At this point, it became clear that language is an integral part of every culture and that, as such, it serves as a medium of its expression. Consequently, many aspects of culture are embedded in language. The act of translation, thus, is not simply a matter of language, but it, in fact, constitutes a sort of compromise between two cultures. Mary Snell-Hornby calls this new development "the Cultural Turn" (The Turns of Translation Studies 47). This marked the shift from the traditional approach to translating, which was largely prescriptive, source-text oriented, linguistic and atomistic to an approach that was descriptive, target-text oriented, functional and systemic (Snell-Hornby, The Turns of Translation Studies 49).
Inoculation Theory The inoculation theory was proposed by McGuire in response to a situation where the goal is to persuade someone not to be persuaded by another. The theory is a model for building resistance to persuasion attempts by exposing people to arguments against their beliefs and giving them counter arguments to refute attacks. The theory therefore offers mechanisms by which communication is used to help people defend their beliefs. Need for the Theory In today’s world we are bombarded by information from all angles. There are a number of attempts being made on an everyday basis to persuade us in one direction or another.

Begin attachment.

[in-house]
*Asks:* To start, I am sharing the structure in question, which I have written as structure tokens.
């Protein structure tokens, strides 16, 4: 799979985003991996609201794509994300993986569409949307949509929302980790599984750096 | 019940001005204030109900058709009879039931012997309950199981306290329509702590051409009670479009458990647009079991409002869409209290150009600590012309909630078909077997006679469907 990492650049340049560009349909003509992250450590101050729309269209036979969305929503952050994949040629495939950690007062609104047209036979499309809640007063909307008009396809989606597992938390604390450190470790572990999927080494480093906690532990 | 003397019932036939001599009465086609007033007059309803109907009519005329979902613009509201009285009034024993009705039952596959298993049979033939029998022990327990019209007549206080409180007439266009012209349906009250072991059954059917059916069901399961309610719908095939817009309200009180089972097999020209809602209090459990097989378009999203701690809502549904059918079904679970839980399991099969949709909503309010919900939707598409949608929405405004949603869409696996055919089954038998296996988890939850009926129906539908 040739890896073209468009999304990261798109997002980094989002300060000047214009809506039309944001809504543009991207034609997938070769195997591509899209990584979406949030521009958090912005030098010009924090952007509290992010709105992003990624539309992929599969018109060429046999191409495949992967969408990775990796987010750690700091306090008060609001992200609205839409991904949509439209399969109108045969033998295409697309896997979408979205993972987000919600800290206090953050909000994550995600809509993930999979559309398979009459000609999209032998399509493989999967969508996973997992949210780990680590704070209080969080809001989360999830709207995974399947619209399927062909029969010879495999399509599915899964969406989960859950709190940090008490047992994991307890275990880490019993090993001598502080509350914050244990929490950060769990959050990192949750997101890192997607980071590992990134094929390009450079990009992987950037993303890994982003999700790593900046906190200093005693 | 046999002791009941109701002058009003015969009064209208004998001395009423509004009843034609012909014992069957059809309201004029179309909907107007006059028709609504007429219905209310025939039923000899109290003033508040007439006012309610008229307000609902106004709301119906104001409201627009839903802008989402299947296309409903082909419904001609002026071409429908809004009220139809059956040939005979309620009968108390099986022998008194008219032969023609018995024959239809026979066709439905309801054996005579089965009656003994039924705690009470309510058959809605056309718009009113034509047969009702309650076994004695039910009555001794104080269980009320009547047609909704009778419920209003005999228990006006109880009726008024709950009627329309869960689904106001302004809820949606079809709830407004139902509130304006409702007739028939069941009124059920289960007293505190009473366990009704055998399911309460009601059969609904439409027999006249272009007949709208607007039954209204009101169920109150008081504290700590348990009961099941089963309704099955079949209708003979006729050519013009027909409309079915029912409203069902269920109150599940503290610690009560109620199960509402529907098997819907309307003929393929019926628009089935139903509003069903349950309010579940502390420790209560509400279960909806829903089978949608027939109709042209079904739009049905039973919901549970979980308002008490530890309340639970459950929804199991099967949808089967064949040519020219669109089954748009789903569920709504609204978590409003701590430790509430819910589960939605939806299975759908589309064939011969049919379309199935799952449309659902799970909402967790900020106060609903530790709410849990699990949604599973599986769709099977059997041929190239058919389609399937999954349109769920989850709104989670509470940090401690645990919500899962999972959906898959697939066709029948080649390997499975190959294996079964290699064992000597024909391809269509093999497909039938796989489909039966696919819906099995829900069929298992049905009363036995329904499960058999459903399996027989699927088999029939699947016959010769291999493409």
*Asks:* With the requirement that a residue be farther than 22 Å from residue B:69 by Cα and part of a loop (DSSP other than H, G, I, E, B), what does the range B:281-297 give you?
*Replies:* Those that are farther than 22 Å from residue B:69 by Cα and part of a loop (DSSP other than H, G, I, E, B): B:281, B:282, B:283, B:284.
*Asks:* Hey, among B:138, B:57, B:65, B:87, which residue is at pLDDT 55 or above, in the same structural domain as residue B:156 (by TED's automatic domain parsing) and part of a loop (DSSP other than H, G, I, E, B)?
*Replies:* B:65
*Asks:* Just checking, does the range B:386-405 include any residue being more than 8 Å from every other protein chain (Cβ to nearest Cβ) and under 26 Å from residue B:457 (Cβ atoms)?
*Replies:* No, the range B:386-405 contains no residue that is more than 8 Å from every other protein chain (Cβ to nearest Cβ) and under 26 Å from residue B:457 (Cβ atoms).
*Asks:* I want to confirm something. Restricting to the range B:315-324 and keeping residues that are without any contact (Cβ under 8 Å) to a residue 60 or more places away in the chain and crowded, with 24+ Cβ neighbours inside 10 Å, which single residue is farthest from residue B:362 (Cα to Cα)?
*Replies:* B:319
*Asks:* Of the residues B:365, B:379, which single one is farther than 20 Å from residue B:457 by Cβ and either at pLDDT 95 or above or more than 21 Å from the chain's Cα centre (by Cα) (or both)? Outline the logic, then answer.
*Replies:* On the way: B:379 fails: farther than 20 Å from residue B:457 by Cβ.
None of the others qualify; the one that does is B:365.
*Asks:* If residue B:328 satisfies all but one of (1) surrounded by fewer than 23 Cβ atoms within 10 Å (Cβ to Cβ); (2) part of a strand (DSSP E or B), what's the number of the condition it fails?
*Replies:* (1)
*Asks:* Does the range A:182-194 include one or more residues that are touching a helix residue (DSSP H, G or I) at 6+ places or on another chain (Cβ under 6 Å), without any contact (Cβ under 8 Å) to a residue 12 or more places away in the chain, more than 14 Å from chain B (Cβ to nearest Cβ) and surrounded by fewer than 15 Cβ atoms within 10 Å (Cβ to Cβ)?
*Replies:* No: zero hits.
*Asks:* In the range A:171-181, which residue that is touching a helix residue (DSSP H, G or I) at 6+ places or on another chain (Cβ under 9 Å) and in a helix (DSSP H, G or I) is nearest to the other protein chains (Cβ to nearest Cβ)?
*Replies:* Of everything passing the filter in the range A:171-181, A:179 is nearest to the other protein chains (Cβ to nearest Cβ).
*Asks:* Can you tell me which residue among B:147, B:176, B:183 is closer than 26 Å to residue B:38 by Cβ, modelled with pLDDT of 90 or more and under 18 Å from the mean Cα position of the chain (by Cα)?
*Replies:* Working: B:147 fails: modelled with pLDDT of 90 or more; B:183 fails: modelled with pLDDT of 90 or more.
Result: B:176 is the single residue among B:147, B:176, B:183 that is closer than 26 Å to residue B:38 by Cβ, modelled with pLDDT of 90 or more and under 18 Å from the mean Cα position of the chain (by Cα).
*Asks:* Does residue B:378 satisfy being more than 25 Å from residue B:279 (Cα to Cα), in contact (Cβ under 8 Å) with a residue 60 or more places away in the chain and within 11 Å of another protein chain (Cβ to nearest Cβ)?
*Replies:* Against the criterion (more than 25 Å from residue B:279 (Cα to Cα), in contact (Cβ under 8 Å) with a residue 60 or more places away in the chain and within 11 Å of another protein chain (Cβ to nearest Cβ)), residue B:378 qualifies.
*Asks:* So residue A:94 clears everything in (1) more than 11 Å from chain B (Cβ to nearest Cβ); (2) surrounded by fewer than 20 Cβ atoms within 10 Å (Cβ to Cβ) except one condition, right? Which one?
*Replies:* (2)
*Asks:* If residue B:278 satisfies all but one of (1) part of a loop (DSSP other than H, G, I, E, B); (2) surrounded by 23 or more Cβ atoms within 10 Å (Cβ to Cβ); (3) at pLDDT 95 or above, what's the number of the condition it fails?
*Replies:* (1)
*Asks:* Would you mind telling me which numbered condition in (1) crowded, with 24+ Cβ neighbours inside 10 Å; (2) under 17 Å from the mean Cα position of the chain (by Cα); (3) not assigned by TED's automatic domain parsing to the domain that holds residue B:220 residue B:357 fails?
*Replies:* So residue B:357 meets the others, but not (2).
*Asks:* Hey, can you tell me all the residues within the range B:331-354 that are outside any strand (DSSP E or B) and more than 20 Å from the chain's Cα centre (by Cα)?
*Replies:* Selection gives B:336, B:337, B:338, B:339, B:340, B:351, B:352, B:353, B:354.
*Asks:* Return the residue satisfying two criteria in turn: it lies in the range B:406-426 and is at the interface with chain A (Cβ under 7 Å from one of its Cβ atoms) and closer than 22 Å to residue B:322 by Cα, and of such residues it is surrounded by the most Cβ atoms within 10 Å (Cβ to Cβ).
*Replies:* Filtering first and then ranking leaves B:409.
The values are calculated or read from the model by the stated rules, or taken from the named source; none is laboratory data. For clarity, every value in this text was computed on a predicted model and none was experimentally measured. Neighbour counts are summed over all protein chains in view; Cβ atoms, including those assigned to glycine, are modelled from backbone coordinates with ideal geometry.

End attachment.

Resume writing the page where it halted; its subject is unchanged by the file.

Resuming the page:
This implies that a true translation is a diaphanous body and the original is the heart that shines through the pure language in the act of translation. Here the purpose of pure language is not to produce a literal copy of the original, but, rather to “harmonize” or to bring together the different languages in a way that allows a rebirth of the translation yet at the same time permits the continued growth of the original. This image represents a ghost that mediates between the original and the translation through pure language. That is, language has a soul and that soul has a body, namely, translation. This process is a complementary one which cannot unfold by treating only one
According to him translation can and should be recognized as a social phenomenon, a cultural practice. He said that we bring to translation both cognitive and normative expectations, which are continually being negotiated, confirmed, adjusted, and modified by practicing translators and by all who deal with translation. These expectations result from the communication within the translation system, for instance, between actual translations and statements about translation, and between the translation system and other social systems. In 2002, regarding cultural translation Hervey and Higgins believed in cultural translation rather than literal one. According to them accepting literal translation means that there’s no cultural translation operation.
So it is really important to know the culture before translate a poem. This is what Tomas Tranströmer said, we must improve the translation poetry breaking the barriers of the culture to achieve the globalization in literature, the World Literature. If we achieved this aim, we will be able to expand our cultural background and we will be able to read excellent works that at the moment are